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       truncate, ftruncate - truncate a file to a specified length


       #include <unistd.h>
       #include <sys/types.h>

       int truncate(const char *path, off_t length);
       int ftruncate(int fd, off_t length);

   Feature Test Macro Requirements for glibc (see feature_test_macros(7)):

           _BSD_SOURCE || _XOPEN_SOURCE >= 500 ||
           || /* Since glibc 2.12: */ _POSIX_C_SOURCE >= 200809L

           _BSD_SOURCE || _XOPEN_SOURCE >= 500 ||
           || /* Since glibc 2.3.5: */ _POSIX_C_SOURCE >= 200112L


       The  truncate()  and ftruncate() functions cause the regular file named
       by path or referenced by fd to be truncated  to  a  size  of  precisely
       length bytes.

       If  the  file  previously  was larger than this size, the extra data is
       lost.  If the file previously was shorter,  it  is  extended,  and  the
       extended part reads as null bytes ('\0').

       The file offset is not changed.

       If   the   size   changed,   then  the  st_ctime  and  st_mtime  fields
       (respectively,  time  of  last  status  change   and   time   of   last
       modification;  see stat(2)) for the file are updated, and the set-user-
       ID and set-group-ID mode bits may be cleared.

       With ftruncate(), the file must be open for writing;  with  truncate(),
       the file must be writable.


       On  success,  zero is returned.  On error, -1 is returned, and errno is
       set appropriately.


       For truncate():

       EACCES Search permission is denied for a component of the path  prefix,
              or  the  named  file  is  not  writable  by the user.  (See also

       EFAULT The argument path points outside the process's allocated address

       EFBIG  The argument length is larger than the maximum file size. (XSI)

       EINTR  While blocked waiting to complete, the call was interrupted by a
              signal handler; see fcntl(2) and signal(7).

       EINVAL The argument length is negative or larger than the maximum  file

       EIO    An I/O error occurred updating the inode.

       EISDIR The named file is a directory.

       ELOOP  Too  many  symbolic  links  were  encountered in translating the

              A component of a pathname exceeded 255 characters, or an  entire
              pathname exceeded 1023 characters.

       ENOENT The named file does not exist.

              A component of the path prefix is not a directory.

       EPERM  The  underlying  filesystem  does  not  support extending a file
              beyond its current size.

       EPERM  The operation was prevented by a file seal; see fcntl(2).

       EROFS  The named file resides on a read-only filesystem.

              The file is a pure procedure (shared text) file  that  is  being

       For  ftruncate()  the same errors apply, but instead of things that can
       be wrong with path, we now have things that can be wrong with the  file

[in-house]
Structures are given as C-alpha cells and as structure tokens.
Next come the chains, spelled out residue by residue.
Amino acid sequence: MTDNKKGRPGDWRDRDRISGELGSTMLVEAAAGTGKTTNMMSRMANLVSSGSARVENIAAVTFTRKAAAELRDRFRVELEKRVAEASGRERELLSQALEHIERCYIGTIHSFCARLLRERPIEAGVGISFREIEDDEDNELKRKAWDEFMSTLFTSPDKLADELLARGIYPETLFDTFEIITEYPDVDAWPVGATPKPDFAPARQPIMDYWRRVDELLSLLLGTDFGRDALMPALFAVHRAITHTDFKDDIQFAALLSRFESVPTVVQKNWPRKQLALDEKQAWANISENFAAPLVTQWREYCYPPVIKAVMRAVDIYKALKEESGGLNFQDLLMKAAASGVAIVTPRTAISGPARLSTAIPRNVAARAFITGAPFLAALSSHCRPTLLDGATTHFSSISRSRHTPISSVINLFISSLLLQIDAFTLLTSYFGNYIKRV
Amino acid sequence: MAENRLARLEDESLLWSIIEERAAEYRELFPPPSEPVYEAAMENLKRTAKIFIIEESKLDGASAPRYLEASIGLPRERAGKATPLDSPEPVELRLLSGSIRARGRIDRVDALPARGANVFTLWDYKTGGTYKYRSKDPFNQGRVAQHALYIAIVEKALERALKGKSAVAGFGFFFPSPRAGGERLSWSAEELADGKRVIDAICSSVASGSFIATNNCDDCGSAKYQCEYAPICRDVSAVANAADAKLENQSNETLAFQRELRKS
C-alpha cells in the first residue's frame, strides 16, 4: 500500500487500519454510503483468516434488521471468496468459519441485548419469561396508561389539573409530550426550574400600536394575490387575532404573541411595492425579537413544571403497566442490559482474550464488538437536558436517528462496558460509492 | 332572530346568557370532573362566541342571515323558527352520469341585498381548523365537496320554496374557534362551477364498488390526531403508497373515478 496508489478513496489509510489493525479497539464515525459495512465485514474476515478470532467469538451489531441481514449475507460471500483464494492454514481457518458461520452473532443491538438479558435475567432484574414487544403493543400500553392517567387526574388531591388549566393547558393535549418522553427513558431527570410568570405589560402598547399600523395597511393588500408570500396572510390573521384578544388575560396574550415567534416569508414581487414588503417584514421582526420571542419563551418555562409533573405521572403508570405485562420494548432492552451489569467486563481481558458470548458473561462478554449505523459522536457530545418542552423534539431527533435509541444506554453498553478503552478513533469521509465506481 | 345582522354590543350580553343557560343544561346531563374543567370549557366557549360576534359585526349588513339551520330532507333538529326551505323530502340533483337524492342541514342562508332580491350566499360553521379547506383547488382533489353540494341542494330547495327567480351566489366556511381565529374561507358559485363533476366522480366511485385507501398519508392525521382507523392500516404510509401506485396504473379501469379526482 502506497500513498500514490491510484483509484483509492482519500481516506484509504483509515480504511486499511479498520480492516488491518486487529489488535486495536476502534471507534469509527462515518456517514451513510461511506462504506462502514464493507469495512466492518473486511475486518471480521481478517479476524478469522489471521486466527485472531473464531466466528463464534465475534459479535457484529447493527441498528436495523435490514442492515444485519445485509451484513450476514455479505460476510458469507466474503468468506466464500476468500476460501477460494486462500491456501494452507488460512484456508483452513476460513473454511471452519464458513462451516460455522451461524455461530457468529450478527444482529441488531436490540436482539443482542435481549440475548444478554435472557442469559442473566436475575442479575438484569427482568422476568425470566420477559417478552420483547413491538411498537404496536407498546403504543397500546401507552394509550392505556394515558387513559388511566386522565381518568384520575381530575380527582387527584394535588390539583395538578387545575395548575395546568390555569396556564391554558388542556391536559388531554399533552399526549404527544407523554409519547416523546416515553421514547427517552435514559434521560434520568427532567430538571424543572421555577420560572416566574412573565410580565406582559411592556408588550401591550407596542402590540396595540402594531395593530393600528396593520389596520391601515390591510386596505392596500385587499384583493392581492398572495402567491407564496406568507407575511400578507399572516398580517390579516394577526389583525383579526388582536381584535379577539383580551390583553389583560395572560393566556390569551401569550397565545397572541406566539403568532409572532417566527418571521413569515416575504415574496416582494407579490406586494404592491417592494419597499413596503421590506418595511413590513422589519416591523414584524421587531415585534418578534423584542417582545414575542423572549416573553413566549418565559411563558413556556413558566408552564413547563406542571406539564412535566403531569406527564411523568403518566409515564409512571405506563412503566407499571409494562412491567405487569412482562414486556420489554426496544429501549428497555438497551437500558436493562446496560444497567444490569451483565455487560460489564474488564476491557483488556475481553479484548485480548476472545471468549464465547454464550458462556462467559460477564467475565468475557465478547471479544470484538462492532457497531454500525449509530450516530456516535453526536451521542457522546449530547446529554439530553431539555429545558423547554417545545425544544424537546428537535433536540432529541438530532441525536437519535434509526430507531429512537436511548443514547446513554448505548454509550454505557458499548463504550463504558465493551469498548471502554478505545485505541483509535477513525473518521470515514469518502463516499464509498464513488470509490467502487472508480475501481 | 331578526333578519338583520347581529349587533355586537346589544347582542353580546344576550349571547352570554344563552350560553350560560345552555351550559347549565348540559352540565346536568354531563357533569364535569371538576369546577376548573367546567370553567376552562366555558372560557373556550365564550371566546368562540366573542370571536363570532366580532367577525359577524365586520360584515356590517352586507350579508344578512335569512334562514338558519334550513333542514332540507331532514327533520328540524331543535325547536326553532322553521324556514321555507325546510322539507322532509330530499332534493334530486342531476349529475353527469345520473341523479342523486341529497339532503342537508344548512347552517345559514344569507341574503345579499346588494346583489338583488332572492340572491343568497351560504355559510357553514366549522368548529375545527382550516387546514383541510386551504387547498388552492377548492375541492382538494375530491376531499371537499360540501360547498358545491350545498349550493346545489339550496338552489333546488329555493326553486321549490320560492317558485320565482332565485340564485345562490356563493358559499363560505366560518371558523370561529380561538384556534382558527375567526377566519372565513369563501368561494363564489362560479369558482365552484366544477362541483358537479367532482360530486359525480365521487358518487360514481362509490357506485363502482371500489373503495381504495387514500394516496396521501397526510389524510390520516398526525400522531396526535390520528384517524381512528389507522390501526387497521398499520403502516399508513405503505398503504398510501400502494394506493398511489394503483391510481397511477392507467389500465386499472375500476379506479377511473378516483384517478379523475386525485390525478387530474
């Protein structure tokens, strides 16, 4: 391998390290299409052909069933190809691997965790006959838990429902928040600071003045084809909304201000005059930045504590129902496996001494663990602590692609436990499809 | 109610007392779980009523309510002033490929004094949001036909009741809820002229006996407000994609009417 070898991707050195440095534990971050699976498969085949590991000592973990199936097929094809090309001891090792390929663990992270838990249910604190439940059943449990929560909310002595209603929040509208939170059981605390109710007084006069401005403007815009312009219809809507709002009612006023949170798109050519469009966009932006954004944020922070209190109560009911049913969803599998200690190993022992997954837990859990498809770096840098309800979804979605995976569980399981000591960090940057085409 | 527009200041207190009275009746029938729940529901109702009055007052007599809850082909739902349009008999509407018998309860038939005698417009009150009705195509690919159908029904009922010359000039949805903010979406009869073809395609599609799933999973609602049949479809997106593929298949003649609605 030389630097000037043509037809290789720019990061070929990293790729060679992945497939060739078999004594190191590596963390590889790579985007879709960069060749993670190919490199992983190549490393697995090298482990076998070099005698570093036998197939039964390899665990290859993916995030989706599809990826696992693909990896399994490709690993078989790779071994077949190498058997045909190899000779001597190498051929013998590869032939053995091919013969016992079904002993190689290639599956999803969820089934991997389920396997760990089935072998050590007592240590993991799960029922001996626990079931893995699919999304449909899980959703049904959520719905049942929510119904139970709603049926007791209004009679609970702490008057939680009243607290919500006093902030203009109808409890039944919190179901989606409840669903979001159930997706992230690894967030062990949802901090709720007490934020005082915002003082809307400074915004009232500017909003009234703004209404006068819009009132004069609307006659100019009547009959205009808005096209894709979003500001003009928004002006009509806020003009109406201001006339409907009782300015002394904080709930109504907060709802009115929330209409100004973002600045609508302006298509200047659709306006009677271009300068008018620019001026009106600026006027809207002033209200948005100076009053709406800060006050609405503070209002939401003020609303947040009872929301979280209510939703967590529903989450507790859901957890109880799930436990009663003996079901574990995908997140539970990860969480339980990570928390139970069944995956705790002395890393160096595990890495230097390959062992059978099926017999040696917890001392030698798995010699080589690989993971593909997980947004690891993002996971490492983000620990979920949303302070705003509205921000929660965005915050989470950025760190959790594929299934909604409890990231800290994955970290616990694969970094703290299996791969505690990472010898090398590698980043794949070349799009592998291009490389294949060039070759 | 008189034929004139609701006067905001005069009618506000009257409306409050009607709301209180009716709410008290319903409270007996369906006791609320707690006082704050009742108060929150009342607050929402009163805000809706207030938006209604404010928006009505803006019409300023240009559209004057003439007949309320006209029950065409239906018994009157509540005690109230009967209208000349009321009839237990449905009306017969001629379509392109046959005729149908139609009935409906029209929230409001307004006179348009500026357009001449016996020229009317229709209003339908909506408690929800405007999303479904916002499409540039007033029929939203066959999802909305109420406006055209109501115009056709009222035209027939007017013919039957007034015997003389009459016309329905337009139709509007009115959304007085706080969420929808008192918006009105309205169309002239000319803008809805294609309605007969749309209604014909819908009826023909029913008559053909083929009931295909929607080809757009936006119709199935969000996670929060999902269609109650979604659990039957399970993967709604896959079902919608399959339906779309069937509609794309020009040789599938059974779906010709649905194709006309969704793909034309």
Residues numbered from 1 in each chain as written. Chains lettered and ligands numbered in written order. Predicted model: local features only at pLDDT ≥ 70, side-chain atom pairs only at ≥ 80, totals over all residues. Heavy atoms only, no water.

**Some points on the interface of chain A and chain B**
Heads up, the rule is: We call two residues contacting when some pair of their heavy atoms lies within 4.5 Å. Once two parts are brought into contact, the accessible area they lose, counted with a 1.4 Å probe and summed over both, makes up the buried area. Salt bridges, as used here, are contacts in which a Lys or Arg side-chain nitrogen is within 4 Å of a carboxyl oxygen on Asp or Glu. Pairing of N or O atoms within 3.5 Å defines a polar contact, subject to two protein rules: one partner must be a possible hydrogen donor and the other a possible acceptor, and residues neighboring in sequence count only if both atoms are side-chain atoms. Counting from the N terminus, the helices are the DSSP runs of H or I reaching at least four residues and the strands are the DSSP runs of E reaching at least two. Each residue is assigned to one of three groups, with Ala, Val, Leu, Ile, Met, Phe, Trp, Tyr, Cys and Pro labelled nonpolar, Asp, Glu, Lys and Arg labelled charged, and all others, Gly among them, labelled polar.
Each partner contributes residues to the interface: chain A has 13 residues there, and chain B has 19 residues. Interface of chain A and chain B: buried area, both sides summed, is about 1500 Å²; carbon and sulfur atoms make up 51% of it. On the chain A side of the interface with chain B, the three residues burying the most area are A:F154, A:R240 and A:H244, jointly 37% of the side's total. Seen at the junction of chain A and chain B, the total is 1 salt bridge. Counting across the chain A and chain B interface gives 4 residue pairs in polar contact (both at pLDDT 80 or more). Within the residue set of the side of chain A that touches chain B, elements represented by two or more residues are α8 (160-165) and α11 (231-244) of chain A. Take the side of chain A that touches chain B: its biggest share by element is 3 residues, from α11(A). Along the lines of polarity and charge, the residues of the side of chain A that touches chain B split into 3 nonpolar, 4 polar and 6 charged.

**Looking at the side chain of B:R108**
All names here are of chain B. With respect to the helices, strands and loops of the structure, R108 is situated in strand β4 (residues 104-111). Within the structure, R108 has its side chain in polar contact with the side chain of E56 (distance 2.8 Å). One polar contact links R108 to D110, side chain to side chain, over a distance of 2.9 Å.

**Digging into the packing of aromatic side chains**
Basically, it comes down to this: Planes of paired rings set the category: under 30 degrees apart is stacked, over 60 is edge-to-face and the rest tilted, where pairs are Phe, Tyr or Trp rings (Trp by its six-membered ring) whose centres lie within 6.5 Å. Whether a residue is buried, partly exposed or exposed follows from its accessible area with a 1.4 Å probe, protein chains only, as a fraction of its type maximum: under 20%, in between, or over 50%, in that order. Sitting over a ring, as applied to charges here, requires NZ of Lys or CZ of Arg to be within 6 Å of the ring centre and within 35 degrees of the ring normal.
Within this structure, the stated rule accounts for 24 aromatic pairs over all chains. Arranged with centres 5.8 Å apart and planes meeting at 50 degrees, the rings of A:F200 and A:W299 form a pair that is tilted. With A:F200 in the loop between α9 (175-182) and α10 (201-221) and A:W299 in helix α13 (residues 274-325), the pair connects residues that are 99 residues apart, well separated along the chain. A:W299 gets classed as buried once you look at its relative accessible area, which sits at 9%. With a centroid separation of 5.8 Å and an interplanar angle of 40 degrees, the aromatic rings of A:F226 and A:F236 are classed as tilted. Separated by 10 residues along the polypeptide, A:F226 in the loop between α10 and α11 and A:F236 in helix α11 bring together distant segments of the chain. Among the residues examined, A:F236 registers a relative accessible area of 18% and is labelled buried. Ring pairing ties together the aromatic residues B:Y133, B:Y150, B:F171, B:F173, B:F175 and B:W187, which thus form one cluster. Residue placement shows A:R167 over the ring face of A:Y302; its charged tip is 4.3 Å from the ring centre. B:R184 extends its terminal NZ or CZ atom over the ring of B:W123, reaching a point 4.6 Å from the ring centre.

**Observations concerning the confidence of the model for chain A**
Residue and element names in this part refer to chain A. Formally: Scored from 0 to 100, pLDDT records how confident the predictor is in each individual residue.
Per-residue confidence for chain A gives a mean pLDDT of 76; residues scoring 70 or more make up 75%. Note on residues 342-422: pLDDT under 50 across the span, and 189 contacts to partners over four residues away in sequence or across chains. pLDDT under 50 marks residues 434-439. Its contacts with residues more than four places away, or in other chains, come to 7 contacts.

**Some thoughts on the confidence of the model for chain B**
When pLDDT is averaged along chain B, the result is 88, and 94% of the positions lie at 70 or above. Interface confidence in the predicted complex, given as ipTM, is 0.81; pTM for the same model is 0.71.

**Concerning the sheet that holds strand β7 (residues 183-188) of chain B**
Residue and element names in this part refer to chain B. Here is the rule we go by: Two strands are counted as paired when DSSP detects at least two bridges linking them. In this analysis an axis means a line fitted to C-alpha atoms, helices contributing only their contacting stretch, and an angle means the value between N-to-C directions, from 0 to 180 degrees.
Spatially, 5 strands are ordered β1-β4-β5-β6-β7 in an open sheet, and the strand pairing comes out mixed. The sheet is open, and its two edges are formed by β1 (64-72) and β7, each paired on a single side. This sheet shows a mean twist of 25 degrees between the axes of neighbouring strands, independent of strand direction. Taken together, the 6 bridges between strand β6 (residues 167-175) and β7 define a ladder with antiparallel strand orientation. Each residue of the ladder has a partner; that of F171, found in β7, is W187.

descriptor, fd:

       EBADF  fd is not a valid descriptor.

       EBADF or EINVAL
              fd is not open for writing.

       EINVAL fd does not reference a regular file.

       EINVAL or EBADF
              The  file descriptor fd is not open for writing.  POSIX permits,
              and portable applications should handle, either error  for  this
              case.  (Linux produces EINVAL.)


       POSIX.1-2001, POSIX.1-2008, 4.4BSD, SVr4 (these calls first appeared in


       The details in DESCRIPTION are for XSI-compliant systems.  For non-XSI-
       compliant   systems,  the  POSIX  standard  allows  two  behaviors  for
       ftruncate() when length exceeds the file length (note  that  truncate()
       is  not  specified  at all in such an environment): either returning an
       error, or extending the file.  Like most  UNIX  implementations,  Linux
       follows  the  XSI  requirement  when  dealing  with native filesystems.
       However, some  nonnative  filesystems  do  not  permit  truncate()  and
       ftruncate()  to  be  used to extend a file beyond its current length: a
       notable example on Linux is VFAT.

       The original Linux truncate() and ftruncate()  system  calls  were  not
       designed  to  handle large file offsets.  Consequently, Linux 2.4 added
       truncate64() and ftruncate64() system calls that  handle  large  files.
       However,  these  details  can  be  ignored by applications using glibc,
       whose wrapper functions transparently employ  the  more  recent  system
       calls where they are available.

       On  some  32-bit  architectures, the calling signature for these system
       calls differ, for the reasons described in syscall(2).


       A header file bug in  glibc  2.12  meant  that  the  minimum  value  of
       _POSIX_C_SOURCE  required  to expose the declaration of ftruncate() was
       200809L instead of  200112L.   This  has  been  fixed  in  later  glibc


       open(2), stat(2), path_resolution(7)


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